Roth converses easily with his young customers in a patois of street argot and shoe slang. Some 1,000 connoisseurs of athletic shoes come into the store every day, but he still seems to know most of the kids, if not by name, then at least according to aesthetic preference. "Very nice," Roth says, holding up a pair of top-of-the-line basketball shoes. Rockean Sanders, the 16-year-old who plans to buy the black shoes, leans over toward Roth to admire their lines and contours. Rockean has spent more than an hour analyzing "the wall" before choosing his new shoes, and the wall is monopolized by Nikes.
The racks near the front of the store display dozens of examples of Nike apparel, and a large display case offers posters of Barkley, Bo, Deion and the other gigantic Nike images that make so many shoe stores look like miniature halls of fame. Nike's visual and economic dominance of the Essex House of Fashion is largely a testament to the company's marketing prowess but also to the fact that Roth is yet another Nike guy. In many ways his loyalty is as important to the company as is that of all but a few of the athletes on the payroll.
"I get insomnia at night, so I get up and call Nike, just to talk about a shoe I need or to ask a question," Roth says, ringing up yet another sale. "Somebody who knows what's what is on call for me 24 hours a day. Nike sales reps have these computers that can show me a whole line of shoes on the screen. A rep can spin a computer image of the shoes around, change them into all the colors they'll come in. He can even show me the commercials that will support the shoes on TV. I can call Nike up on a Wednesday and tell them I need fill-ins of a hot model, and by the weekend they'll come in. No other company can do that. Nike's been good to me, so I push their shoes. It's as simple as that."
Though many of Nike's 12,000 retail accounts fear the spread of the opulent Nike Towns that the company says are meant to be brand-promoting, 3-D commercials—if Nike makes $12 on a $100 shoe sold to stores for $50, then it's not lost on retailers that in a wholly owned Nike Town the company makes $62 on the same shoe—a Spoiling Goods Dealer survey of 500 retailers shows that Nike remains their favorite brand. But none of the high-tech, high-speed corporate support would mean a thing unless kids spent more time in front of Nike's section of the collective wall than any other. Americans under the age of 25 account for more than half of Nike's sales and for more than 75% of the basketball-shoe market. Research indicates that six of 10 sales are made because of something that happens between the eye, the will and a shoe—right there at the wall.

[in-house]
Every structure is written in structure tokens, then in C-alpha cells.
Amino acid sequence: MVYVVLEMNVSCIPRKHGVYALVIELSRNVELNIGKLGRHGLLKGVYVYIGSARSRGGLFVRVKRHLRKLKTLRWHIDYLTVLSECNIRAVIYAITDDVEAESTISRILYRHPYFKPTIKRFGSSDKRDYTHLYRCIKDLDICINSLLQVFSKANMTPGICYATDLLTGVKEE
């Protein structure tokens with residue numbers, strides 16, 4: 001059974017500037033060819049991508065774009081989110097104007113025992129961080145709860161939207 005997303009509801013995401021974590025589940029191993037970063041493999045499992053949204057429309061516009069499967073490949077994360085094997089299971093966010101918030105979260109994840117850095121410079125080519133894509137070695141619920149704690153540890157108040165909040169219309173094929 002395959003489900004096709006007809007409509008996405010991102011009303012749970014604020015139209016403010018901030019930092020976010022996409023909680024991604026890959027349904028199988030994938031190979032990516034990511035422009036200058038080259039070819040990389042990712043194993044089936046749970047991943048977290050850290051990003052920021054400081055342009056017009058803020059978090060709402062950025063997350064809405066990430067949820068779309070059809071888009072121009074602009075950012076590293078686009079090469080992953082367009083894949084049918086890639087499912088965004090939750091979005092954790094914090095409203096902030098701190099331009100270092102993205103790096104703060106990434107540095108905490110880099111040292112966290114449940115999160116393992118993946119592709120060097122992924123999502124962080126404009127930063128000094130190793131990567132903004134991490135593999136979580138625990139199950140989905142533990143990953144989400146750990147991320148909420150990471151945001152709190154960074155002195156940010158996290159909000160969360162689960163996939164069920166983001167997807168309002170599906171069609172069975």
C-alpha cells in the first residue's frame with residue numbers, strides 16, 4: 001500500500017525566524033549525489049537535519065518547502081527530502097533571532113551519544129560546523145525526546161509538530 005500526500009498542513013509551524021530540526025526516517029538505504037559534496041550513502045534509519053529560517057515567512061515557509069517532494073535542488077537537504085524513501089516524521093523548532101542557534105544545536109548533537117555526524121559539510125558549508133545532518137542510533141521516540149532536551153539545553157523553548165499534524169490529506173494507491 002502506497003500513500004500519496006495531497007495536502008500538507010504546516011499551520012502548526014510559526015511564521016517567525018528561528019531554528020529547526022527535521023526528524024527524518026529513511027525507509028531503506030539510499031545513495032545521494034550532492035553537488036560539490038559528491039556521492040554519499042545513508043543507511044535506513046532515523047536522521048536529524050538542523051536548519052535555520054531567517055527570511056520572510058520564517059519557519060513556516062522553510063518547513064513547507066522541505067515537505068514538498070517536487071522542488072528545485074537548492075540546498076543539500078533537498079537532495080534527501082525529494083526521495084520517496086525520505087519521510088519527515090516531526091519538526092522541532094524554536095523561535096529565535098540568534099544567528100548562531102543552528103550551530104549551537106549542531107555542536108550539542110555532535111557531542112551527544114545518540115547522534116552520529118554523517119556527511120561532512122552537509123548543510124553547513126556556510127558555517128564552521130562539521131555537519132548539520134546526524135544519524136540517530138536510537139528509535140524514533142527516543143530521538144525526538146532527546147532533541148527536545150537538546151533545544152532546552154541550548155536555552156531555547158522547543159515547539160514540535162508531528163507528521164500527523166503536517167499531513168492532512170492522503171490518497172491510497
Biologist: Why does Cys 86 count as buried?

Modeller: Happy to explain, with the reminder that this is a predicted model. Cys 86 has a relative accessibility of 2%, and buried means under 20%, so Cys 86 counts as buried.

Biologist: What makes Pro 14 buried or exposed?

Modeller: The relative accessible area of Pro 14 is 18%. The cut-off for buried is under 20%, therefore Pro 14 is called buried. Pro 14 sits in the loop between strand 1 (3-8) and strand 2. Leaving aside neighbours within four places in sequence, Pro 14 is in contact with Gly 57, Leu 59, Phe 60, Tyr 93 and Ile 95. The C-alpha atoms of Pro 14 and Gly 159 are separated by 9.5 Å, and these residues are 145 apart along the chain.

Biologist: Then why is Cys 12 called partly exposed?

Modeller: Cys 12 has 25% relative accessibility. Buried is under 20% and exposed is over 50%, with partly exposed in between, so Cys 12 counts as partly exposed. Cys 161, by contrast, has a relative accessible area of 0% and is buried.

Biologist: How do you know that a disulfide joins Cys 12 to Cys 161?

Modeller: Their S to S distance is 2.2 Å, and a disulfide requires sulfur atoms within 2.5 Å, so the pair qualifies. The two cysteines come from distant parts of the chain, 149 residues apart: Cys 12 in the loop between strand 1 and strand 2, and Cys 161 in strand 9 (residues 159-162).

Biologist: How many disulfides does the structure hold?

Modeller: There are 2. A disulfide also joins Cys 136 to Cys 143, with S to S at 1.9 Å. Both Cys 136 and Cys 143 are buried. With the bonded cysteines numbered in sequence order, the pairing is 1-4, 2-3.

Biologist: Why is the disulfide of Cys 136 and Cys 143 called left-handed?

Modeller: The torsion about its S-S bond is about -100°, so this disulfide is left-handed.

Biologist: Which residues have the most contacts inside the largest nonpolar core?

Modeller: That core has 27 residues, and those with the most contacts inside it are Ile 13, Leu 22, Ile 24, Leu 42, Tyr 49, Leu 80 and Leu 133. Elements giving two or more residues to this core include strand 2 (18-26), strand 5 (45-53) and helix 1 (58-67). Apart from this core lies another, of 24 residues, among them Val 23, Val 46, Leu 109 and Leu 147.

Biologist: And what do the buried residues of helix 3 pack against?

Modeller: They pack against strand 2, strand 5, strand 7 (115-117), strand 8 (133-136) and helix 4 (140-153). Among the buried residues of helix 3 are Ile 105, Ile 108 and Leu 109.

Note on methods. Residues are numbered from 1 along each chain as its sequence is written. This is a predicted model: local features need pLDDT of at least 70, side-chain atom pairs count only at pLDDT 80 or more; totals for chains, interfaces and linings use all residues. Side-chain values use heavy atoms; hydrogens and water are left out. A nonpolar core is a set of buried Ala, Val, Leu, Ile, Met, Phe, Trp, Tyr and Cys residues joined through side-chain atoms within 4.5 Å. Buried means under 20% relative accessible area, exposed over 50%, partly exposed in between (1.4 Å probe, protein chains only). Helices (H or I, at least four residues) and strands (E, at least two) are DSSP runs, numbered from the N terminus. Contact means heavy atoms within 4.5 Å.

"I go to Chicago, New York, Paris, Tokyo and Minneapolis," says Nike's chief protector of corporate look and visual images, Gordon Thompson. "I go to gyms and playgrounds and see how the kids customize the strapping with our Velcro fasteners. We made a lot of the shoelaces longer because of lacing styles favored by the kids. All the kids leave the tags on certain shoes, like the Air Raid, so we've made the tags look nicer."
When dozens of newspaper articles set the stage for a 1990 report in SI about urban youths killing one another to get at Air Jordans and other coveted shoes, public outrage focused on a shoe industry that had spawned such a surfeit of unrequited desire that people were willing to commit murder over something as meaningless as a pair of sneakers. An acquisitive culture that had bypassed the larger moral implications of stealing and killing over objects as apparently essential as cars was evidently enraged because of the absurdity of the motives involved.
These reports of violence, as well as the abortive Operation PUSH boycott, have left Nike defensive about accusations that it targets poor, urban black kids for marketing initiatives. "We don't target a market to a demographic," says p.r. director Dolan. "But we do sell to psychographic segments—such as people who love only basketball. We sell to passions and states of mind, not by age, address or ethnicity."
Recent target-marketing campaigns launched by some of Nike's competitors (notably British Knights' campaign for its Predator basketball shoe: "Wear the Predator, or be the prey") are far more aggressive than anything Nike has done. But as long as the possibility of standing in Barkley's or Jordan's shoes captivates the imagination of Americans for whom $130 is a significant sum, questions of social responsibility will be part of Nike's weekly agenda. "I don't get it," says Mourning. "I grew up seeing kids steal all sorts of things. Is Nike supposed to make unimpressive shoes because some people can't afford the best products?"
That the shoes are magical items to one segment of the economy in the way Apple PowerBooks are to another may offer an insight into the social and economic order of the moment. But those closest to the urban scene rarely contend that the problem is the shoes. "What people who live in other places don't understand is that there's a part of America where a Big Mac is a celebration," says Roth as he sends one kid after another away from his counter wearing a giddy grin.
All afternoon kids have streamed through his store, surrounding certain new shoes and commenting on them with curatorial care and insight. "Most of the people in this store, their lives are s——, their homes in the projects are s——, and it's not like they don't know it," says Roth. "There's no drop-in center around here anymore, and no place to go that they can think of as their own. So they come to my store. They buy these shoes just like other kinds of Americans buy fancy cars and new suits. It's all about trying to find some status in the world."